With catastrophe and severe weather losses running an estimated 41% above the long-term average after July for the global insurance and reinsurance industry, analysts at investment bank Jefferies warn that it is becoming increasingly likely catastrophe budgets are exceeded this year.
July’s catastrophe and severe weather events have ramped up losses across the global insurance and reinsurance industry, with events of note being the European floods, US severe weather events, Hurricane Elsa and also the ongoing US West Coast wildfires.
Recent industry estimates have suggested that first-half 2021 catastrophe losses may be as high as $42 billion.
Jefferies estimate had been pegged at $39 billion earlier than that.
Now, after July, Jefferies has catastrophe losses for 2021 to-date running at around $51 billion to $52 billion, with the flooding across Germany and Europe the main cause of the significant increase for one month.
For the European flooding, Jefferies estimates the total insurance and reinsurance market cost could be as high as US $8.6 billion.
This is higher than other estimates and suggests others may raise theirs in the coming weeks.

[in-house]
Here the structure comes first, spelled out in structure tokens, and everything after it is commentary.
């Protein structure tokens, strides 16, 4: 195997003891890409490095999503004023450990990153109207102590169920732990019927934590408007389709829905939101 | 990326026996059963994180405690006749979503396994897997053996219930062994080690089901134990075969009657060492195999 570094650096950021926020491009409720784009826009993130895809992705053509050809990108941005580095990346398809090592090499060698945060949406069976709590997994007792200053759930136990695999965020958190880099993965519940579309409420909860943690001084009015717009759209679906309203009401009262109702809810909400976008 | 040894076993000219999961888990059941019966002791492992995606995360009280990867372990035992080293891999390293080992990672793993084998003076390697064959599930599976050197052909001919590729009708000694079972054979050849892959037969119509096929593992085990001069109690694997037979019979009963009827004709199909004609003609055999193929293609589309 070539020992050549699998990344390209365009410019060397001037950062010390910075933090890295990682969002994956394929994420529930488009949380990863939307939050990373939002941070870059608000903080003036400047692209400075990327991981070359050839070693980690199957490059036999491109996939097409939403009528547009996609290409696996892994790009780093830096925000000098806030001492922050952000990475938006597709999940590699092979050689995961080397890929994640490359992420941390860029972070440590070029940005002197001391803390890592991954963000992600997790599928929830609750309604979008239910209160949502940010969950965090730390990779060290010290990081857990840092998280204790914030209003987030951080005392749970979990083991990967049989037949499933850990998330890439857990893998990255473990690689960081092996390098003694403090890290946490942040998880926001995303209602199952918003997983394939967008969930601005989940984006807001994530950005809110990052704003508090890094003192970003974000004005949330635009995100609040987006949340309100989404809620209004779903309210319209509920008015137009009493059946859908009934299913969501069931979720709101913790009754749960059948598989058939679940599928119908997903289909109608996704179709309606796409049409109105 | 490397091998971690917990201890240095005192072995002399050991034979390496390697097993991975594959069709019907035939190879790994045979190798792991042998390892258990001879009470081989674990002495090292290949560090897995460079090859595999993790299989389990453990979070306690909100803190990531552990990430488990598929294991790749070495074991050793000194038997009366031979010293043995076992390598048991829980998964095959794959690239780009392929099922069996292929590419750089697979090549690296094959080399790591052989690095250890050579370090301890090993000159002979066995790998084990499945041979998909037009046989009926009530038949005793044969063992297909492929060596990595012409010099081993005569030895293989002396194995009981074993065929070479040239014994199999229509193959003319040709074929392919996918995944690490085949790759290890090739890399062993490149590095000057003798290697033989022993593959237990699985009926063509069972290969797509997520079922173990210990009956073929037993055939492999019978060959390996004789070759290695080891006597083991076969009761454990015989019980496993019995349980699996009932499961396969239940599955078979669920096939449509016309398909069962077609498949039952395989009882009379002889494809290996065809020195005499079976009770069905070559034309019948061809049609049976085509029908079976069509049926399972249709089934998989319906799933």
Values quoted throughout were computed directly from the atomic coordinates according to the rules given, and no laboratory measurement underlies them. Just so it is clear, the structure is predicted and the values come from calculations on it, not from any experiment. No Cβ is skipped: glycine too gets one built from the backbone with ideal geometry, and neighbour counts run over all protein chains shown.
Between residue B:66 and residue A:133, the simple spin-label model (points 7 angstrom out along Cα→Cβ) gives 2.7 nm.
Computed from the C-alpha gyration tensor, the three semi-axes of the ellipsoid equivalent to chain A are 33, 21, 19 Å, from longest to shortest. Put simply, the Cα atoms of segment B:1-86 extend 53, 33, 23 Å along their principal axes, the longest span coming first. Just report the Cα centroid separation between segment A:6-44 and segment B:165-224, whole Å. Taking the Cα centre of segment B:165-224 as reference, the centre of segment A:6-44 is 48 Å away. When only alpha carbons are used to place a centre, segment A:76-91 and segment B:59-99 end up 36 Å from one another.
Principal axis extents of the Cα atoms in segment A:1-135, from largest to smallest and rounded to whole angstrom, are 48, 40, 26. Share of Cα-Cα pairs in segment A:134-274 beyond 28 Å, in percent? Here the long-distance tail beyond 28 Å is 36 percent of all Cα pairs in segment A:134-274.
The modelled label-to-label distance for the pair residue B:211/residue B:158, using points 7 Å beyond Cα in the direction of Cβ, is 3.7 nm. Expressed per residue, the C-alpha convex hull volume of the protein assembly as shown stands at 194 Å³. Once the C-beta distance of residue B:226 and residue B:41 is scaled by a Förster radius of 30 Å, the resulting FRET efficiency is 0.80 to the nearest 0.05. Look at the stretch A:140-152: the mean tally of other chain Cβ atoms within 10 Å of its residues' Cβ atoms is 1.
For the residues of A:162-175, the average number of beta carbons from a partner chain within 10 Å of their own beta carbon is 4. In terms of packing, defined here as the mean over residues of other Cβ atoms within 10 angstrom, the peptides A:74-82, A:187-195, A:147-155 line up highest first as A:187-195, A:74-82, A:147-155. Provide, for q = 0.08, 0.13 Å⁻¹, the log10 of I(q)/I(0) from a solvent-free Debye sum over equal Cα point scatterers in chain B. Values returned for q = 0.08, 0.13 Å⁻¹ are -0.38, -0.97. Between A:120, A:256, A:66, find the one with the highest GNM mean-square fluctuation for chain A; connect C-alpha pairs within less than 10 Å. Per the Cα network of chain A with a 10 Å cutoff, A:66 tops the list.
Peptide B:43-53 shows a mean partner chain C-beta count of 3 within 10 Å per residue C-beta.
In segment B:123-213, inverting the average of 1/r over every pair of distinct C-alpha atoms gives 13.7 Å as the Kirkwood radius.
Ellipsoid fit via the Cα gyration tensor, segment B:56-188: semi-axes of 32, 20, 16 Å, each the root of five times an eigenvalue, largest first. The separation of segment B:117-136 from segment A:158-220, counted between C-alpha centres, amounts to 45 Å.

Jefferies noted that, at this level of loss, “We expect that reinsurance deductibles will be exceeded in Germany, Belgium, Switzerland and Austria, with a higher proportion of net losses thus falling on reinsurers.
“As such, we expect this to create additional rate rises in European property excess of loss contracts.”
We’ve detailed many of the cases where reinsurance deductibles have indeed been exceeded in our coverage of the floods, the latest article detailing these can be found here.
July also saw over $1 billion of insured losses in China from flooding, plus an estimated $1.7 billion of insured losses from US severe weather, with additional notable impacts from hurricane Elsa and wildfires, Jefferies said.
Commenting on what this means for the industry, Jefferies said, “Following the 1H 2021 results, catastrophe loss ratios across the industry appear to be on track to exceed corporate budgets. With insured losses year-to-date running +41% above average and most of the Atlantic hurricane season still ahead of us, we see this as a material risk.”
When catastrophe budgets are exceeded it naturally pushes more losses to the reinsurance sector, with clear ramifications for insurance-linked securities (ILS) funds, especially those invested in collateralised reinsurance and quota shares.